Back in July Millie and Fly had a very special guest staying with them. She was called Dottie the Dalmatian and she is the mascot for the charity Post Pals! She was up there to join them on their adventures so she had lots of nice photos to send and fun things to write to her pals about next year, and they took her to lots of places!
In this blog they are going to tell us all about their walk to discover reptiles!
With a free afternoon and the sun shining, we decided to take our special friend on a reptile walk. Those of you who have been following our blog may remember earlier on in the year we aimed to find all of the native reptiles that live locally (slow worm, common lizard and adder) and with it being such a lovely sunny July day, we decided to take Dottie on a reptile walk led by yours truly!
So off we headed to Loch Lee, but instead of going around the loch we decided to head along to Queen’s Well and it was certainly a good choice! We soon spotted several common lizards that quickly darted into the cover of the heather as we approached, but some did decide to stick around for a few photos.
A bit further along the trail, we spotted the second of our native reptiles a slow worm! These are laid back reptiles and Dottie was allowed to hold the slow worm for a short while before we let him continue on his way and get back to doing whatever it is that slow worms do (which is hunt for slugs, and they were plenty of them about).
The slow worm seemed to find Dottie rather cuddly...
We hadn’t gone much further along after leaving our slow worm before we came across the third of the reptiles we have living locally. This one we kept a safe distance from, there would be no holding this one for this one was an adder, the only venomous snake in the UK!
This one is a female and she was quite content basking on her rock just off the path. Though adders are venomous, they tend to try and avoid trouble as much as possible. They don’t want to be biting a dog, person, or a cuddly Dalmatian as their venom is for catching their dinner. As long as we gave her space and didn’t bother her, she wasn’t going to bother us. For the most part, adders are quick to disappear when they feel at risk or hear a dog or person approaching...retreat is their first choice and it is only when that choice is removed (for example if they are stood on, cornered or grabbed) that they will resort to biting to protect themselves.
When it comes to adder bites, prevention is always better than cure, and there are a few simple things you can do to reduce the risk of yourself or your dog being on the receiving end of an adder bite.
- Keep your dog on a lead or to the paths in areas where adders live. The greatest risk is when leaving paths and entering the undergrowth where adders tend to hide and bask. Keeping your dog close increases the chance of you spotting an adder on the path before your dog runs into it and catches it by surprise.
- Wear suitable footwear and long trousers when walking in adder territory. An adder's fangs are unlikely to penetrate proper walking boots and the trousers could block the adder making contact. As an added bonus, tucking long trousers into socks reduces the risk of ticks crawling up your legs!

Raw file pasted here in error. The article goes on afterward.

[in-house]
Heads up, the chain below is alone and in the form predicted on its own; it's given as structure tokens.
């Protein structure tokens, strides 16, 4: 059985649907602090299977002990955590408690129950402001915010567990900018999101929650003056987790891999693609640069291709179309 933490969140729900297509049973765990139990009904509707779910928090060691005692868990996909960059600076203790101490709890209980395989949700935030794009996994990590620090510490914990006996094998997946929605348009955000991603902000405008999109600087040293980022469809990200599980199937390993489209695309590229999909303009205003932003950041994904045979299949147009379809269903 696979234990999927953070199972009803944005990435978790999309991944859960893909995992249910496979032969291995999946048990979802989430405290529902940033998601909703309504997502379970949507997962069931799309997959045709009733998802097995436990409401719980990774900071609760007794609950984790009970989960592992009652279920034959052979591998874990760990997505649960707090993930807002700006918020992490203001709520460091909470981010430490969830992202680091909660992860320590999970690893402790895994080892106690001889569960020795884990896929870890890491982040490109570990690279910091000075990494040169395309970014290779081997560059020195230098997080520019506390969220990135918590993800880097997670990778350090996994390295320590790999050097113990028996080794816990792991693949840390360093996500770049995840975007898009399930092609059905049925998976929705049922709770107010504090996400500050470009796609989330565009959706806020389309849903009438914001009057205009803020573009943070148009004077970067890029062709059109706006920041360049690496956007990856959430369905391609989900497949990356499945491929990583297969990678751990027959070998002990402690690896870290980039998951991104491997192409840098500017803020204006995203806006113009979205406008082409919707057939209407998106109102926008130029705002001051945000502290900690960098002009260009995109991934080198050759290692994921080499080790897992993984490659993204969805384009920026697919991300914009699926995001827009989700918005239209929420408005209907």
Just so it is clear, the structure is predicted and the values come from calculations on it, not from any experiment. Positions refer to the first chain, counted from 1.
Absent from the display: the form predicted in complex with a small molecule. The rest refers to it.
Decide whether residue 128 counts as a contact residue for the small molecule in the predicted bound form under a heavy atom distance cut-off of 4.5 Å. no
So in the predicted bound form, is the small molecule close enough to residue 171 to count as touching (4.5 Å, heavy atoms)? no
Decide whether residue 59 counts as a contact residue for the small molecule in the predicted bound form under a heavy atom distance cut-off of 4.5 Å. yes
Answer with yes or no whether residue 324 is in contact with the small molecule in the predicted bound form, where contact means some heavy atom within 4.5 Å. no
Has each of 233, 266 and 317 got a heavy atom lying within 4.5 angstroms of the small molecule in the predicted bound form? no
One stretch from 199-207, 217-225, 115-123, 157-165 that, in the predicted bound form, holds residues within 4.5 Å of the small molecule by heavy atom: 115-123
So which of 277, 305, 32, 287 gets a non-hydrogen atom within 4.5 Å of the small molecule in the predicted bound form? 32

- Bit obvious, but should you spot an adder don’t try to grab it! If you get bitten trying to grab the snake, it really is your own fault (sorry)! If in doubt over the species, keep a safe distance.
We were very pleased to have shown Dottie all three of the native reptiles in our area, we have never got all three in a single walk before! Dottie must have brought us some luck. Our walk didn't end there though, we continued on to Queens Well. Queen Victoria stopped and drank from the well when she was travelling up to her house at Loch Muick following the death of Prince Albert, and we figured if it was good enough for a queen it was good enough for us! Following Queen Victoria’s visit, a big ornamental thing was built to commemorate her visit.
We went a bit beyond the well, but not much further as we had things to do and it was time to start heading back home.
With adders around and no doubt plenty of ticks too (the ticks here can carry Lyme disease which is a very nasty disease to get for people and dogs), we were kept on the lead throughout the walk so there aren't really any photos of us, but this is one of our local glens and we have plenty of other photos from here...
In fact, the first proper photo of us together was taken at Loch Lee...this was in the winter, adders hibernate in the winter and the ticks aren't around so we can get a bit of freedom if the sheep aren't out! We hadn't been with Katherine and Iain for a whole month when this photo was taken.
This was also before we started swimming, so the fact that there was water behind us was of no interest to us either...
Now we’d be rushing down to the water to go swimming!
We are looking forward to taking Dottie on many more adventures with us and have a long list of places we’d like to go and things we’d like to see! Maybe even with a nice new Chuckit! toy to play with...*cough*Tri Bumper*cough* hint hint Katherine!
Well there you have it...Millie and Fly's reptile adventure with Dottie the Dalmation!! We have another fun and interesting blog from these two coming soon so keep those eyes peeled. If anyone would like to read more about Dottie the Dalmation here is a link to her website http://www.dottie.org.uk/.
Until next time...
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